In that regard, I’d ask just what is the social justice [read social benefit] of Elizabeth Catlett’s Sharecropper or Jacob Lawrence’s To Preserve Their Freedom and what could that possibly have to do with what we could today think of Black Lives Matter or the Civil Rights Movement or any of the tangible situations that face a subjugated Black community.  I would claim that we derive our sense of justice from what values we take in that then become the basis for how we then assess the secretive Wakanda’s versus reality Oakland’s and again, it is largely it has been our cultural artists that have created our social vision(s) and thereby our values.

Given the mere two paintings noted, we can observe that within the otherwise despicably thought of a history of sharecropping that a decidedly dignified person/persona is offered by Catlett that reminds us; even if only on a subconscious level, that we always rose above our dire circumstances and remained superiorly human.  Lawrence’s painting reminds us that the Haitian everyman/everywoman stood up and fought for their freedom and thereby actually, by their own hand, became the first nation in the world to upset and overturn slavery; despite the fact that only a handful of names become associated with our defeat of the French enslavement.  These are important images and when they and images like them are displayed in our homes and offices they project both consciously and subliminally to ourselves and those around us what sensibilities we attribute value to.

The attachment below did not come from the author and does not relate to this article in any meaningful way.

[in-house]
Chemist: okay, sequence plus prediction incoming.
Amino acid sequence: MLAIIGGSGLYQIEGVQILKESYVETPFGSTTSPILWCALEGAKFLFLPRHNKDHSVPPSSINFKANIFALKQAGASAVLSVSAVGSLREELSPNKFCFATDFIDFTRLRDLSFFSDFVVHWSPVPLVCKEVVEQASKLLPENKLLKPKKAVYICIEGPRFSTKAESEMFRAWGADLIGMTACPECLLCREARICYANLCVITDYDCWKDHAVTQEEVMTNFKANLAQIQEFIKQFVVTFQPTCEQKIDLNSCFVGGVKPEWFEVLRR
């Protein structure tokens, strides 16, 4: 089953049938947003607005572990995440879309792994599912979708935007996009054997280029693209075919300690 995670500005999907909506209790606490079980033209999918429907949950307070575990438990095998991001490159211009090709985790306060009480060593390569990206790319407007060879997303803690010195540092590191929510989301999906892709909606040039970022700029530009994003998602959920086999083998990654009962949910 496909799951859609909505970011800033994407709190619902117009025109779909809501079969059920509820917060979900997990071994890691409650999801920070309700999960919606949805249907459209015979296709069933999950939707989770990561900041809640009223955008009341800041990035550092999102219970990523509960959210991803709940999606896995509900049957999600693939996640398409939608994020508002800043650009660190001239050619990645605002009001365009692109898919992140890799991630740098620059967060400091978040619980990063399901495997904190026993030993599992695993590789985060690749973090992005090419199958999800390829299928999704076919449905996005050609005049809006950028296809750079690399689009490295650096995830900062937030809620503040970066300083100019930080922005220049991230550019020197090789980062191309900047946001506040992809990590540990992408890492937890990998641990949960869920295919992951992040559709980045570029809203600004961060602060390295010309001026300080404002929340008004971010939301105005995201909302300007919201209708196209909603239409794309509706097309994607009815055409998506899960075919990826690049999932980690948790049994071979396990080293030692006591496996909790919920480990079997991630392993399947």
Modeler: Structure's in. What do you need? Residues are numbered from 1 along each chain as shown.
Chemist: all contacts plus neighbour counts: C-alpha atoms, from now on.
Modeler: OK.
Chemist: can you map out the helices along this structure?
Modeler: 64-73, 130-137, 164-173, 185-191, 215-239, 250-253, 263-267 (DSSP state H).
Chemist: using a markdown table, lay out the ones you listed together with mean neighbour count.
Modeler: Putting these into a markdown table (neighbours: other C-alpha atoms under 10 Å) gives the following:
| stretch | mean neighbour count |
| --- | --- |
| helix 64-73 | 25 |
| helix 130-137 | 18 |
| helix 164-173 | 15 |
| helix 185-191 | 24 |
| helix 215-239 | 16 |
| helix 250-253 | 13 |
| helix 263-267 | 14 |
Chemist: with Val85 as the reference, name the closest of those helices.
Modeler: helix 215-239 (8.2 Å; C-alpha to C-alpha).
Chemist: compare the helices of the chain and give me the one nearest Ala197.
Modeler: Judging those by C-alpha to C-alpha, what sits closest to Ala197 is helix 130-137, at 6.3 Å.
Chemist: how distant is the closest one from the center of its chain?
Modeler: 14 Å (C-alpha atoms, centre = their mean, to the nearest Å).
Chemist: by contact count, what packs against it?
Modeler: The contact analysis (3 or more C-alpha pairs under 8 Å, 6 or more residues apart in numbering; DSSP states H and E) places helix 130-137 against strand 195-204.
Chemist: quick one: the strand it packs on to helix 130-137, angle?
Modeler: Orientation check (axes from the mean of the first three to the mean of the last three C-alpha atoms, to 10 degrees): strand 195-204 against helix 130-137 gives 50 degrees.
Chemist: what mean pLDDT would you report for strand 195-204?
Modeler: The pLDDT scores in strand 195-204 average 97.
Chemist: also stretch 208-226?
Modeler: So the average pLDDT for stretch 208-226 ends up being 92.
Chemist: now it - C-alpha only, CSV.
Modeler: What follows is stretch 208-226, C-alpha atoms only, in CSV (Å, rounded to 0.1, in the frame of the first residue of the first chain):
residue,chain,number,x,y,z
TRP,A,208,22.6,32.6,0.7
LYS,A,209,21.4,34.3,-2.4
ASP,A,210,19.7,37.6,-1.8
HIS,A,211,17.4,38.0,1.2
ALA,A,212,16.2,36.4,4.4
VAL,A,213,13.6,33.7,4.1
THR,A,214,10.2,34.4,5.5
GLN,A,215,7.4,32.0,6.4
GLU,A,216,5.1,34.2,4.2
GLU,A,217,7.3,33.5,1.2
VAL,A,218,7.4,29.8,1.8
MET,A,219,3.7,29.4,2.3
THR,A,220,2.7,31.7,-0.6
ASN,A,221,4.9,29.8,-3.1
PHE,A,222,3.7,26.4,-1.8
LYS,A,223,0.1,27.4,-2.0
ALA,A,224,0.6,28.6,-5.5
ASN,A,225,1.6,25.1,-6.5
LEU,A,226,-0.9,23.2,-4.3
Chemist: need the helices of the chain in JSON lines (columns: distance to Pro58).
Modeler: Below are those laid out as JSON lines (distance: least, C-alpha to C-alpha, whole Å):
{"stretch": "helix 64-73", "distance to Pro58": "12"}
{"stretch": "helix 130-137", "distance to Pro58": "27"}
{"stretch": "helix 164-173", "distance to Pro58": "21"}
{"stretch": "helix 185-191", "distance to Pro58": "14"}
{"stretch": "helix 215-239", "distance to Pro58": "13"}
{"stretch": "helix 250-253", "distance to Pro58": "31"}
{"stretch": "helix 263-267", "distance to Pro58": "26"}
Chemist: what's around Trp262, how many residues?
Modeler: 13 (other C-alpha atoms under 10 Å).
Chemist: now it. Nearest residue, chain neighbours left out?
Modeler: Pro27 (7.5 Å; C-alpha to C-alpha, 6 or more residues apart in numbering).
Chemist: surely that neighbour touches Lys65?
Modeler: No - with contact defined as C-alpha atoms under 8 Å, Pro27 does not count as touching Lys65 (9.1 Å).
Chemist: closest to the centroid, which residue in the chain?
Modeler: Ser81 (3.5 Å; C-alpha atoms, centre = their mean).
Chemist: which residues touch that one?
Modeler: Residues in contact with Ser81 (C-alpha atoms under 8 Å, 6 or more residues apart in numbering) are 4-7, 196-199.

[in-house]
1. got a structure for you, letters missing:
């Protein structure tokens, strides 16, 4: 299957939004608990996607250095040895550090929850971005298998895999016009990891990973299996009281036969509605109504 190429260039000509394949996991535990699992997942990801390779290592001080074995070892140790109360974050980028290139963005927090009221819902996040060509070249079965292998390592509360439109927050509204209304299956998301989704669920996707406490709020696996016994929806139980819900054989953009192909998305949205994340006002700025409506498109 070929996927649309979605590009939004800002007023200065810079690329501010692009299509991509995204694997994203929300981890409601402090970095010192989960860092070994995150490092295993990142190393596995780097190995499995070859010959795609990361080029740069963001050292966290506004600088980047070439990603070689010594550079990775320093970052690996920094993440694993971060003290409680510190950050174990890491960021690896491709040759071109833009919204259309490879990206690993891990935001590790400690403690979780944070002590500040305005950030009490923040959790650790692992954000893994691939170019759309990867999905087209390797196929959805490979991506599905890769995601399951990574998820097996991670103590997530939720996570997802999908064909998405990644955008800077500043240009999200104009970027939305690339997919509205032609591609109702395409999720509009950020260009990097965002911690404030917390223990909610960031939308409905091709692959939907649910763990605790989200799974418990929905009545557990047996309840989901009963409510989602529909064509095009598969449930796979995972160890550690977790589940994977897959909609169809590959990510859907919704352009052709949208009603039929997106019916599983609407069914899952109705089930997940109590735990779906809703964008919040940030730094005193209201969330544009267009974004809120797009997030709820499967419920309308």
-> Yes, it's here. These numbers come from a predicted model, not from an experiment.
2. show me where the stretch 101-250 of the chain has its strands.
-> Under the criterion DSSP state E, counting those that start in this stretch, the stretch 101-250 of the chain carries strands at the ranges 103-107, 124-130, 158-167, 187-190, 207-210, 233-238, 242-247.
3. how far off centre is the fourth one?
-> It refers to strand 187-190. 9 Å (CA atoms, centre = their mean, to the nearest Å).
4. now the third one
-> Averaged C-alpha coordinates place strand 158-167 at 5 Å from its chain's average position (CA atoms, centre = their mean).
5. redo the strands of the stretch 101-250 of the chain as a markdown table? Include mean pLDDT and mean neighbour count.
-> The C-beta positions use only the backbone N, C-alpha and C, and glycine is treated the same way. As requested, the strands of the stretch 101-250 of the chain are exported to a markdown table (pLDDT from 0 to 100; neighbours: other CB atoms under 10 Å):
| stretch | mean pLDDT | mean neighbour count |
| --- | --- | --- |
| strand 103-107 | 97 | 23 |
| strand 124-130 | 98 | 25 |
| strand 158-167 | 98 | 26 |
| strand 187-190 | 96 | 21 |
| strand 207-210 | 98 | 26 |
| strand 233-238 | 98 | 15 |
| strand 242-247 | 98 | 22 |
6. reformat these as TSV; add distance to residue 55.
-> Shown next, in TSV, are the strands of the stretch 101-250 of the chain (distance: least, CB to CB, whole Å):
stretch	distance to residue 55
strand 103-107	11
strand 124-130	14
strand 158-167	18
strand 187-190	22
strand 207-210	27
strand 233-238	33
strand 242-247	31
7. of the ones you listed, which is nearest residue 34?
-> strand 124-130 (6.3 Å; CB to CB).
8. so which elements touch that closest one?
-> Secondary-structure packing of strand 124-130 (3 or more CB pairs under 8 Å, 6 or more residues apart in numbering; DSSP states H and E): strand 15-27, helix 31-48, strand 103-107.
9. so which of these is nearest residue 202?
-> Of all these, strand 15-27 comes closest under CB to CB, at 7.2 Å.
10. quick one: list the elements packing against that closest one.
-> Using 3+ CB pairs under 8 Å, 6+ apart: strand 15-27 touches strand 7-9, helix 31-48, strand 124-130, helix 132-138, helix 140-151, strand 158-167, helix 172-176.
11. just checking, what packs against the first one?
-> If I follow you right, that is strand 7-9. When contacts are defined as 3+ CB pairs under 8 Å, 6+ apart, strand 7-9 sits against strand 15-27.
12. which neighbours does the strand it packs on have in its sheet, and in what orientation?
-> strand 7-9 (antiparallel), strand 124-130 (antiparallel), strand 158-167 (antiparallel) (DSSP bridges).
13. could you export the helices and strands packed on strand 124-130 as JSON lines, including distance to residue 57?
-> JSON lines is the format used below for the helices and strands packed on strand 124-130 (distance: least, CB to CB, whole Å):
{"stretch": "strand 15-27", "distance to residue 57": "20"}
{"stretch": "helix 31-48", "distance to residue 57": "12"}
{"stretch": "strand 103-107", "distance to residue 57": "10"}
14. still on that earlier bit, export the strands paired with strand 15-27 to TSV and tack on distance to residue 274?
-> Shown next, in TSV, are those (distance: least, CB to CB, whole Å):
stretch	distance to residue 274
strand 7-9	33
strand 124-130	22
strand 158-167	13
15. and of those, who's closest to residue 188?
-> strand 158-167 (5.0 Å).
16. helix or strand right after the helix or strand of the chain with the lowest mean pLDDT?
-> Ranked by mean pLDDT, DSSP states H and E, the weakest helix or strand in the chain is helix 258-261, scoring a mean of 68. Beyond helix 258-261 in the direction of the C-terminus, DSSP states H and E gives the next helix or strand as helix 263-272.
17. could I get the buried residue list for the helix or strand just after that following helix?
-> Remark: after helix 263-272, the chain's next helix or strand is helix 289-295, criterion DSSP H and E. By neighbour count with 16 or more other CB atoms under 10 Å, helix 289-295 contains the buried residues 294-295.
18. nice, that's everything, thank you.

Jacob Lawrence’s To Preserve Their Freedom

Carter G. Woodson’s seminal work yet being his 1933 publishing of The Mis-Education of the Negro; the thesis of which is that we were being culturally indoctrinated, rather than taught, in American schools.  This conditioning, he claimed, causes us to become dependent and to seek out inferior places in the greater society of which we are apart.  He challenges readers to become autodidacts and to “do for themselves” regardless of what they are taught.  Clearly Woodson imparts that we learn what we are taught and conversely do not learn what we are not taught.  Thereby what art [think: cultural values] that we chose and those depictions chosen for us become what we are taught and, as a particularly visual people, we must always countenance that while words can go in one ear and out the other, the visual world does not go in one eye and out the other and we, and those around us, are taught consciously and unconsciously by what is shown to them. It invokes Dr. Samella Lewis’s words that “Art is not a luxury as many people think – it is a necessity.  It documents history – it helps educate people and stores knowledge for generations to come.”